verb (used without object), wor·ried, wor·ry·ing.
verb (used with object), wor·ried, wor·ry·ing.
noun, plural wor·ries.
Origin of worry
Synonyms for worry
Related Words for worrypain, apprehension, uncertainty, misgiving, doubt, uneasiness, misery, woe, fear, headache, anguish, problem, concern, annoy, depress, disturb, unsettle, perturb, bother, upset
Examples from the Web for worry
Contemporary Examples of worry
Still, I worry that a simple traffic stop could have tragic consequences.What Would Happen if I Got in White Cop’s Face?
December 30, 2014
And the authorities also worry that the December fires are just the beginning.Italy’s Terror on the Tracks
Barbie Latza Nadeau
December 28, 2014
I wish this was the last time I had to worry about hunger and bombs.Has the Kurdish Victory at Sinjar Turned the Tide of ISIS War?
December 27, 2014
This is a well-documented phenomenon which does not worry specialists.Uh Oh: Ebola Vaccine Trials Stop
December 19, 2014
And I worry that the world will have very mixed feelings about him.Shocking New Reveals From Sony Hack: J. Law, Pitt, Clooney, and Star Wars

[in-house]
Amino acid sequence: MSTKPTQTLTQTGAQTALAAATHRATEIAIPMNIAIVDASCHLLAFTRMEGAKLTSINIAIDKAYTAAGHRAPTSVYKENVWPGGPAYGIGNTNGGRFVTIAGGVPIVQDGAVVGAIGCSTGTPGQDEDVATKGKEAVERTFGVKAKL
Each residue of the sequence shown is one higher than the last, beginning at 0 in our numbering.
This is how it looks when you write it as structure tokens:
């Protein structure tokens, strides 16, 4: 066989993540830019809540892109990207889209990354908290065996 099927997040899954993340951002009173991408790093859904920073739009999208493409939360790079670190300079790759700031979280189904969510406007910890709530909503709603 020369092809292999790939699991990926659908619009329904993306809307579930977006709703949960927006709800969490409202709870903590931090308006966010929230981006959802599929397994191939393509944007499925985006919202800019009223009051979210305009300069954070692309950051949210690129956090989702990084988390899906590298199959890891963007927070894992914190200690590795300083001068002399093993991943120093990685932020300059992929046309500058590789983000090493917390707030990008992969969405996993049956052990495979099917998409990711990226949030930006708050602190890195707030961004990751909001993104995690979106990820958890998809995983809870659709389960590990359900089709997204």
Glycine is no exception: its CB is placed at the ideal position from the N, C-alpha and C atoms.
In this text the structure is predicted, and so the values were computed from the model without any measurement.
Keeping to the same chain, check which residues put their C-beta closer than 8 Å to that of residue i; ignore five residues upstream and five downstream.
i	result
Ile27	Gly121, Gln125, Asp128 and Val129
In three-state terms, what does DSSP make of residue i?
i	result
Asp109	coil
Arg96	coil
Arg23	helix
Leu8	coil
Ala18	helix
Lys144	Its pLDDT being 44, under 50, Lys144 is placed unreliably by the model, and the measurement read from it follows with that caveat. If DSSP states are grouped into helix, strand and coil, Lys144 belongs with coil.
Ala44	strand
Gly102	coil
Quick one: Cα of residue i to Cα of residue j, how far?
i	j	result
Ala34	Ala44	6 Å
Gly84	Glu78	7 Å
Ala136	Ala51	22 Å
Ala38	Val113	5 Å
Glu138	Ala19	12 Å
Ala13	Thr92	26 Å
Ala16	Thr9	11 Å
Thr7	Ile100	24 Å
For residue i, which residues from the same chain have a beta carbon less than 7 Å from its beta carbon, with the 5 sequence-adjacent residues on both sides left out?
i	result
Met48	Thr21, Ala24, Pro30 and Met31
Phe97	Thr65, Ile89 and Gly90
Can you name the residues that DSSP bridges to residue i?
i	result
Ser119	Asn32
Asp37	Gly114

December 12, 2014
Historical Examples of worry
I can't remember when I haven't awakened to doubt, and worry, and heart-sickness.The Spenders
Harry Leon Wilson
He began to worry seriously about keeping Mr. Hichens out of his house.Life and Death of Harriett Frean
By George, he'd fool her, for once: he'd go away, and let her worry.
Tell Mrs. Drummond he was in good spirits, and that she's not to worry.
It doesn't seem to bother him any, so I don't see why it should worry me.In the Midst of Alarms
verb -ries, -rying or -ried
noun plural -ries
Word Origin for worry
Old English wyrgan "to strangle," from West Germanic *wurgijanan (cf. Middle Dutch worghen, Dutch worgen, Old High German wurgen, German würgen "to strangle," Old Norse virgill "rope"), from PIE *wergh- "to turn" (see wring). Related: Worrisome; worrying.
The oldest sense was obsolete in English after c.1600; meaning "annoy, bother, vex," first recorded 1670s, developed from that of "harass by rough or severe treatment" (1550s), as of dogs or wolves attacking sheep. Meaning "to cause mental distress or trouble" is attested from 1822; intransitive sense of "to feel anxiety or mental trouble" is first recorded 1860.
1804, from worry (v.).